Take the 2-minute tour ×
Webmasters Stack Exchange is a question and answer site for pro webmasters. It's 100% free, no registration required.

My website is counting visitor views on certain pages. I noticed that Google and other Bots are "clicking" to my site like crazy and some of the pages get unrealistic view counts (compared to those produced by humans).

I am asking for best practice to exclude those bots from my view counts. Obvious a simple "user agent" contains "bot" won't do it.

I do not think there is a bullet prove solution nor I need one.

Note: I am using PHP + MySQL.

share|improve this question
    
The correct answer to your question depends on the kind of software you use for tracking your stats. –  Goboozo Apr 5 '11 at 13:06
    
@Goboozo I am using PHP + MySQL. This is not for tracking my stats. This is about queries for "related", "hot" and "interesting" entries. –  eisberg Apr 5 '11 at 13:19

4 Answers 4

up vote 9 down vote accepted
+100

I'm glad you know there isn't going to be a bulletproof way to accomplish this. That means your outlook is at least realistic.

Since JavaScript is not an option I would say you're left with:

  • Check the user-agent for the word "bot" in it. That will catch most of them.

  • Compile a list of known bots and filter them based on some kind of unique identifier, probably their user-agent.

  • Put a hidden link in the footer of your website that links to a page that collects user-agents and/or IP addresses. Users won't see this but bots will. So anyone who visits that page will be a bot. Record them and then block them from your stats.

share|improve this answer
    
This looks promising. I like the idea of a trap. I do something alike for the user comments on my site with an invisible input field (instead of an ugly Captcha). :-) –  eisberg Apr 7 '11 at 14:22
1  
@eisberg, It's called a honeypot. I'm a big fan of them myself. –  John Conde Apr 11 '11 at 16:09
    
probably best solution... –  Sekar Mar 17 at 7:17

I use just simple user agent parsing exclusion. It gets rid of 99% of bots going into my pages.

SELECT * FROM `live_visitors` where (
lower(agent) != '%bot%' and
lower(agent) != '%slurp%' and
lower(agent) != '%spider%' and
lower(agent) != '%crawl%' and
lower(agent) != '%archiver%' and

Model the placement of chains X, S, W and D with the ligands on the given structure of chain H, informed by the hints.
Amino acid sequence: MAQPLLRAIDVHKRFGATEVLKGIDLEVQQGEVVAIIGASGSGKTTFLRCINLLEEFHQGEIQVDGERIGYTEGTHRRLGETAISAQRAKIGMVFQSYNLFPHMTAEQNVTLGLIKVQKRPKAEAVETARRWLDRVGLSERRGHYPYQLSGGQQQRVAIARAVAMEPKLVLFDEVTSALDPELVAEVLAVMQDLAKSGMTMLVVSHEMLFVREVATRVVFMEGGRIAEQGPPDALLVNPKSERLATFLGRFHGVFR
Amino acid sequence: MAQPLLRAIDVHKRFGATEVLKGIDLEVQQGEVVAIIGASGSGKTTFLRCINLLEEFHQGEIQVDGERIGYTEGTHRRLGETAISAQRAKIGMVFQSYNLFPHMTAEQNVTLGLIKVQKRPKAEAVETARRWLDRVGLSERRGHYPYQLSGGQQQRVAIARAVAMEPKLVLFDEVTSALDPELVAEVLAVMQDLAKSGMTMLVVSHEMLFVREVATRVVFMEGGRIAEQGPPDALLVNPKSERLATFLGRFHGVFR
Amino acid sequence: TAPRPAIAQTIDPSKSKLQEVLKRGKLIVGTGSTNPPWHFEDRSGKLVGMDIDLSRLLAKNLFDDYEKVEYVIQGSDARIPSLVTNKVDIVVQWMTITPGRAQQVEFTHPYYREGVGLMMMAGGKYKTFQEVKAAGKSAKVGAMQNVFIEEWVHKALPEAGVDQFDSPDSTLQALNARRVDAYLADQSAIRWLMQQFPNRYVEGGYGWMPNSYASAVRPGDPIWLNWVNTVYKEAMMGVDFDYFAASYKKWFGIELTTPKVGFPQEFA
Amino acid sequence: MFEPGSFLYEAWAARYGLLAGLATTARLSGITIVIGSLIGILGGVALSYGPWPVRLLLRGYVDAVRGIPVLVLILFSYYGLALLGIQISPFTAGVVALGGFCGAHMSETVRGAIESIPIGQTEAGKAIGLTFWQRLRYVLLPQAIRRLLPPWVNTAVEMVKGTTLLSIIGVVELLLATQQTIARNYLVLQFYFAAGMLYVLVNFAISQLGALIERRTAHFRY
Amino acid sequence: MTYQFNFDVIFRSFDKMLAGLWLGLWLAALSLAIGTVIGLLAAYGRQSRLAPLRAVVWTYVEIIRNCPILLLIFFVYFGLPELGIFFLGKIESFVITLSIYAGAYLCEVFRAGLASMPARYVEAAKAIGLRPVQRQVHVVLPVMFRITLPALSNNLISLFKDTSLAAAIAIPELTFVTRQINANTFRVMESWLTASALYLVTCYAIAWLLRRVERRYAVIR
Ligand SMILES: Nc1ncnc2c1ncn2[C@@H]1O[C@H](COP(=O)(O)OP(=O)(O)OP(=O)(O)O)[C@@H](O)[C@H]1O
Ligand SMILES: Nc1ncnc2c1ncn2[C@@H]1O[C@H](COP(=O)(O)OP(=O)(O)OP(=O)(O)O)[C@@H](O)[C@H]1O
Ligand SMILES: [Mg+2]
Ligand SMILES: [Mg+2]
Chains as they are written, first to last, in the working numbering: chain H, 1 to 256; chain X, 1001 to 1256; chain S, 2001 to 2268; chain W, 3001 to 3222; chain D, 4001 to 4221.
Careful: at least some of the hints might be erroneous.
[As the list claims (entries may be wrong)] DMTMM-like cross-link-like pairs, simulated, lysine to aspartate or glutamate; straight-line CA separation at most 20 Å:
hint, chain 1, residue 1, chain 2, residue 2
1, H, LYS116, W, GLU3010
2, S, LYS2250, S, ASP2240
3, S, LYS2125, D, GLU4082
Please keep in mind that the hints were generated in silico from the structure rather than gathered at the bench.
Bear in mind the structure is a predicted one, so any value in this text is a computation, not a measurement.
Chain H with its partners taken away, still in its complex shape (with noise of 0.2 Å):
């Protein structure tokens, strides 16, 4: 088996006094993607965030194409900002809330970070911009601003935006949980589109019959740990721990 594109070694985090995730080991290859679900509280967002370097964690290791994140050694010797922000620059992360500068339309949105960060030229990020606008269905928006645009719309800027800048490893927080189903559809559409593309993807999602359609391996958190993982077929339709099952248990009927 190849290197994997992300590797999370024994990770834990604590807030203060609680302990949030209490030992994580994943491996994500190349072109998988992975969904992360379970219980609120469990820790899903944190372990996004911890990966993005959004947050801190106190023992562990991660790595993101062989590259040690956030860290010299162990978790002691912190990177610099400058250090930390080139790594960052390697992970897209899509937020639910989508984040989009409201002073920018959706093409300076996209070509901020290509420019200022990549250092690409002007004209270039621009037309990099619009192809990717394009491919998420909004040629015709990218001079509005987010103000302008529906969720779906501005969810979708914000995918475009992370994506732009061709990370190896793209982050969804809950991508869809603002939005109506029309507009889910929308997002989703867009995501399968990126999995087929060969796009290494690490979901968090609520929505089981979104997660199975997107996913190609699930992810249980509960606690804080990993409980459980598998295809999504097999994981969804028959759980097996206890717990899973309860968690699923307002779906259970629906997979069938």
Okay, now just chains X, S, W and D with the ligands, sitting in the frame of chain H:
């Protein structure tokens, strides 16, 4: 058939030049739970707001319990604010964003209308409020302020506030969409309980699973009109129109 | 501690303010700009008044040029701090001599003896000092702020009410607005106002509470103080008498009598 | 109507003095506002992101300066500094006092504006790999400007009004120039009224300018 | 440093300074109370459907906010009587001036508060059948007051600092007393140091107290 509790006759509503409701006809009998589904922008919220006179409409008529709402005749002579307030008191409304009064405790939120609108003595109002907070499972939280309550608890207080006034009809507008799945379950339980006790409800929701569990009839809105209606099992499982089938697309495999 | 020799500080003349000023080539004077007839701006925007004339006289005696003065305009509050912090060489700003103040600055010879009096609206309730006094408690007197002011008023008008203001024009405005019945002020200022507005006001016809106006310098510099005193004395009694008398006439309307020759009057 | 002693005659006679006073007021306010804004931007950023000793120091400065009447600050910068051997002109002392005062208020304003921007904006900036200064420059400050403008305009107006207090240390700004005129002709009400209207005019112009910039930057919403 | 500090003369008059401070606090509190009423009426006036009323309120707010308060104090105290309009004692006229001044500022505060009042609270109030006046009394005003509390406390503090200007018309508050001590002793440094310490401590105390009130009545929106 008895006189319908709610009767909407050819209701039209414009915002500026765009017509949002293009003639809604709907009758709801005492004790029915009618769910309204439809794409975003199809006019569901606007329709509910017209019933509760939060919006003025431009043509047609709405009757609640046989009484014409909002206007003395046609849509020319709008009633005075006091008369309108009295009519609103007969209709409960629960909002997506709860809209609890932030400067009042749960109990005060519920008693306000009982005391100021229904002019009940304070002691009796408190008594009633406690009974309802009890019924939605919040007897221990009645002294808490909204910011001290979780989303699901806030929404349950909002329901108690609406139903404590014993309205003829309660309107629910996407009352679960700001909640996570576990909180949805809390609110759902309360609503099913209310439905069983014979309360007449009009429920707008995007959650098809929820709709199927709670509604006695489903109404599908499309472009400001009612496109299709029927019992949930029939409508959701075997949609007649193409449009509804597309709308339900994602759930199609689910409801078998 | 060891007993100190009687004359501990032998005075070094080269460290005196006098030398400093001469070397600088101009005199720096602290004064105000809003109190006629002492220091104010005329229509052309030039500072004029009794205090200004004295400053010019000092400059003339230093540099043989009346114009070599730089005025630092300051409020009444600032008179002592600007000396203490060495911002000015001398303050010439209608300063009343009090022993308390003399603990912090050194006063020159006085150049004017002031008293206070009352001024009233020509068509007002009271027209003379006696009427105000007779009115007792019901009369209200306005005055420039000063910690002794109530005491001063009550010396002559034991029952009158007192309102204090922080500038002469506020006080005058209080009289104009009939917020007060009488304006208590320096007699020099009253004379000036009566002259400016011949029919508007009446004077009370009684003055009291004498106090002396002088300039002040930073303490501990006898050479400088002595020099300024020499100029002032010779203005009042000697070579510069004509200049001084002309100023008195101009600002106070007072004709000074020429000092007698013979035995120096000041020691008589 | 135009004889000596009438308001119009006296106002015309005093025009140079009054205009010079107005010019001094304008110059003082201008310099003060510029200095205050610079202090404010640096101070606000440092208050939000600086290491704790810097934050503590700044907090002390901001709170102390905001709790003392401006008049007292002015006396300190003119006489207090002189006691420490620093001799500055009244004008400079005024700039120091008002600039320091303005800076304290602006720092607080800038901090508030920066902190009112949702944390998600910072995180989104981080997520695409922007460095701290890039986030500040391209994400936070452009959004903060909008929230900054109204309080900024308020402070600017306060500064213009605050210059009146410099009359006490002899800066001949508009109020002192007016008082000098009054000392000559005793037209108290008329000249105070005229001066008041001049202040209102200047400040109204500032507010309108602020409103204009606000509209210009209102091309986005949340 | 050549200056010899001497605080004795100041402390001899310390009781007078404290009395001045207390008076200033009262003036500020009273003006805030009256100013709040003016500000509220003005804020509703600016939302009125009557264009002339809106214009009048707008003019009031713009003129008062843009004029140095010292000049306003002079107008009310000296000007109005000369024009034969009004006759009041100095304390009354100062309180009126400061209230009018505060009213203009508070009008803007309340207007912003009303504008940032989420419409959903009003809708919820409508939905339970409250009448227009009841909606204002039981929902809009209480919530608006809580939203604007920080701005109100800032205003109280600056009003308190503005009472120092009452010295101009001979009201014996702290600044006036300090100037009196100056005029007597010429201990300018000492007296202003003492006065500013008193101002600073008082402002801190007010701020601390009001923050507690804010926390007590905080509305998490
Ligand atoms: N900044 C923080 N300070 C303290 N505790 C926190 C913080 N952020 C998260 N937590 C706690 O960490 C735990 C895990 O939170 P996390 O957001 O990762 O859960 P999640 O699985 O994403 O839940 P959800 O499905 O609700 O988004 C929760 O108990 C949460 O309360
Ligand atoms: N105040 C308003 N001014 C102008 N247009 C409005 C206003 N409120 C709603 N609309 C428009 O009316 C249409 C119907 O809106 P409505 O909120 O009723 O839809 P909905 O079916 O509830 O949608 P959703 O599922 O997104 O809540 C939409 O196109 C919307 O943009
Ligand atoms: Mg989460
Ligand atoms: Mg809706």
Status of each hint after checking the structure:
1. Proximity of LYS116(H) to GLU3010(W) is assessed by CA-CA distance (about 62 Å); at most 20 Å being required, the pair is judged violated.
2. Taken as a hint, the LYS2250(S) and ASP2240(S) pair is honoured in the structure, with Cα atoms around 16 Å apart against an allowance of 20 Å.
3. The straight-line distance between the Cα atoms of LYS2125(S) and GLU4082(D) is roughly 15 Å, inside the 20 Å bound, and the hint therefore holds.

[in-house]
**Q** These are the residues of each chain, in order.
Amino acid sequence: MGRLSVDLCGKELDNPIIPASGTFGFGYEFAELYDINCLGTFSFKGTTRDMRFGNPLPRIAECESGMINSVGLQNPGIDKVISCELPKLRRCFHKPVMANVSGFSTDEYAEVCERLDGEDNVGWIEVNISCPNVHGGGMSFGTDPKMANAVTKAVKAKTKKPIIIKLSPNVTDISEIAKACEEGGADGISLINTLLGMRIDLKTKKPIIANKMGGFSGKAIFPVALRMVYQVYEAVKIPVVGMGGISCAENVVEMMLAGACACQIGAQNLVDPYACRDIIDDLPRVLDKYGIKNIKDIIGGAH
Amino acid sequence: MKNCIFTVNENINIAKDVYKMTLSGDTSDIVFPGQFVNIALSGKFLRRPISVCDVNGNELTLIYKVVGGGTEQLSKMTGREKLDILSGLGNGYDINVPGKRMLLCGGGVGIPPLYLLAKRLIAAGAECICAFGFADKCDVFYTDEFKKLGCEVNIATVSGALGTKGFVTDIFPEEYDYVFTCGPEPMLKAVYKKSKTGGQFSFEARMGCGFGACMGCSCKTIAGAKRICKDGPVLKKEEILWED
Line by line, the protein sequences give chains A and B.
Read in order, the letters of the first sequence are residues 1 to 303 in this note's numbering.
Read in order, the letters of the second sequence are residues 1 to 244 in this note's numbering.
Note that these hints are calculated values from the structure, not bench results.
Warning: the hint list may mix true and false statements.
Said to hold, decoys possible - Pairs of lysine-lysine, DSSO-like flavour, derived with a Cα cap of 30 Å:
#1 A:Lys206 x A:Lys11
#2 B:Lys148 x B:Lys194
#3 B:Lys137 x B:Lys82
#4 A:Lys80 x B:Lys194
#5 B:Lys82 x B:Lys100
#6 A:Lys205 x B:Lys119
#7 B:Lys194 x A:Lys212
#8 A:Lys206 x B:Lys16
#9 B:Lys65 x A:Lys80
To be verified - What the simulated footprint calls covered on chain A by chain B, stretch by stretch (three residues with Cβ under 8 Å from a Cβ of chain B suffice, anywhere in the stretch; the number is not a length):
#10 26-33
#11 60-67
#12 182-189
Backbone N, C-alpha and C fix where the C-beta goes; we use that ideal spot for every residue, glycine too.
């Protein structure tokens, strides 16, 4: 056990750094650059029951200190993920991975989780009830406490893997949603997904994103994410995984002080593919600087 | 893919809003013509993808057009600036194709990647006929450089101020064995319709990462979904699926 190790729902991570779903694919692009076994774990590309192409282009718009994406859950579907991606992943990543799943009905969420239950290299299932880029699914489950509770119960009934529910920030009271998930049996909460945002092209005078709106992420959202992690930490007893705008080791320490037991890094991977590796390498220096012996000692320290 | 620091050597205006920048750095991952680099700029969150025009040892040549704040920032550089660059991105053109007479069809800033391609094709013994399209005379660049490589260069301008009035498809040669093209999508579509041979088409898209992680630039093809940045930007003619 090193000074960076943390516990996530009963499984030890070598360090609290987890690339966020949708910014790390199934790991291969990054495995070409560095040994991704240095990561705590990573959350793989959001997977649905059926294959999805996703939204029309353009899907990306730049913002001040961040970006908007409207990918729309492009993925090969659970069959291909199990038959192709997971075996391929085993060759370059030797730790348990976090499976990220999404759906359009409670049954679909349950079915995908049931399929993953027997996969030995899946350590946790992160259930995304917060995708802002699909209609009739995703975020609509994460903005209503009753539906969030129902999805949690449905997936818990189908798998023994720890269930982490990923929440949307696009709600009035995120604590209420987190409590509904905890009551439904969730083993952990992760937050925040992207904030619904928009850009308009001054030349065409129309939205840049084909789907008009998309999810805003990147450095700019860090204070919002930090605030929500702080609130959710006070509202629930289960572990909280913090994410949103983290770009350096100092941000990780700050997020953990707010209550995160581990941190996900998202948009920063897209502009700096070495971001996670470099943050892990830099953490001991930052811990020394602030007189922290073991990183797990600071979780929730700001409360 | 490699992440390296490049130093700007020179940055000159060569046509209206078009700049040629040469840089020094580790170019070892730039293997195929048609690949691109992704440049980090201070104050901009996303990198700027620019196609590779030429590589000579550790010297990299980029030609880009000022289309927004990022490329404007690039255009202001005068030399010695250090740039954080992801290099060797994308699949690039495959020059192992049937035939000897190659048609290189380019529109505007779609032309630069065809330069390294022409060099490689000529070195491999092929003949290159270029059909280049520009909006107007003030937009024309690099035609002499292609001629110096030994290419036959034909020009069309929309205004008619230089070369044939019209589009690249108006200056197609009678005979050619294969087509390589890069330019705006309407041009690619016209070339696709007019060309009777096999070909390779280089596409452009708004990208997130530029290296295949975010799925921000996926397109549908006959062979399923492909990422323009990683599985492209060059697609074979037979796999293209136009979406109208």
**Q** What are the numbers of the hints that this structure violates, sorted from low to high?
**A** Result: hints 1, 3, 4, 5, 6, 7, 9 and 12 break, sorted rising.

lower(agent) != '%facebook%')
share|improve this answer
1  
This would not help (at least in my case) because almost every bot I can identify by its behavior (too fast browsing, chronological browsing of all links, ...) uses a valid User-Agent. But good idea for other projects. –  eisberg Jun 7 '11 at 9:21

If you use Javascript to count views then most bots won't run it and so won't be included in your view counts. This answer may be close to what you want http://stackoverflow.com/questions/1973448/how-can-i-count-a-page-views

share|improve this answer
    
No I am not using Javascript. It is a normal PHP + MySQL website. But thanks for the reply anyway :-) –  eisberg Apr 5 '11 at 13:40
    
Don't discount this answer so fast. Even with a site using PHP+MySQL, nothing stops you from emitting a bit of JavaScript to generate your view counter. Instead of outputting the counter directly, output something like '<script>document.write(<counter-code>)</script>' where <counter-code> is whatever you need to create your counter. –  Itai Apr 5 '11 at 19:37
    
@Itai Sorry, but I won't use javascript to count my visitors. But thank you anyway. –  eisberg Apr 6 '11 at 7:07
    
If you don't want to use JavaScript, just put it in your question clearly. As Itai said, nothing prevent us from thinking about JavaScript solution for a PHP site. –  Tien Do Feb 7 '12 at 2:31
    
Actually, some bots do run some JavaScript. I set up an Ajax request to track viewport size in relation to screen size. Googlebot is reporting two different screen sizes. –  toxalot Nov 15 '13 at 23:56

There are three fairly simple ways:

  1. Use Google Analytics, which will process and handle all the data for you, and present you with detailed statistics for visitors and how they got to your site. This is by far the easiest solution.
  2. Use Javascript to do the counting. When the page has loaded, generate an AJAX request to your counting script. Robots and spiders don't run Javascript.
  3. Detecting "bot" in the user agent string is actually fairly reliable. Alternatively, you could stick to known bots only such as Googlebot, Yahoo, MSNbot etc. Checking those three should cover 99% of your bot traffic. This page has some others but it looks quite out of date.
share|improve this answer
    
1 and 2 are unrelated to my question. Maybe I should have asked "How do I get a view counter like stackechange which ignores bots?" so my false :-) Nonetheless very nice list in 3. Thank you I will check this. –  eisberg Apr 5 '11 at 17:48
    
Sorry, didn't realise you were displaying the view count on the page. In that case 2 and 3 are both viable. –  DisgruntledGoat Apr 5 '11 at 23:50
    
Thank you for the effort. At least for me javascript is never the answer so I am stuck with 3 but there are so many indicators :-( –  eisberg Apr 6 '11 at 7:06
    
Actually, some bots do run some JavaScript. I set up an Ajax request to track viewport size in relation to screen size. Googlebot is reporting two different screen sizes. –  toxalot Nov 15 '13 at 23:53

Your Answer

 
discard

By posting your answer, you agree to the privacy policy and terms of service.

Not the answer you're looking for? Browse other questions tagged or ask your own question.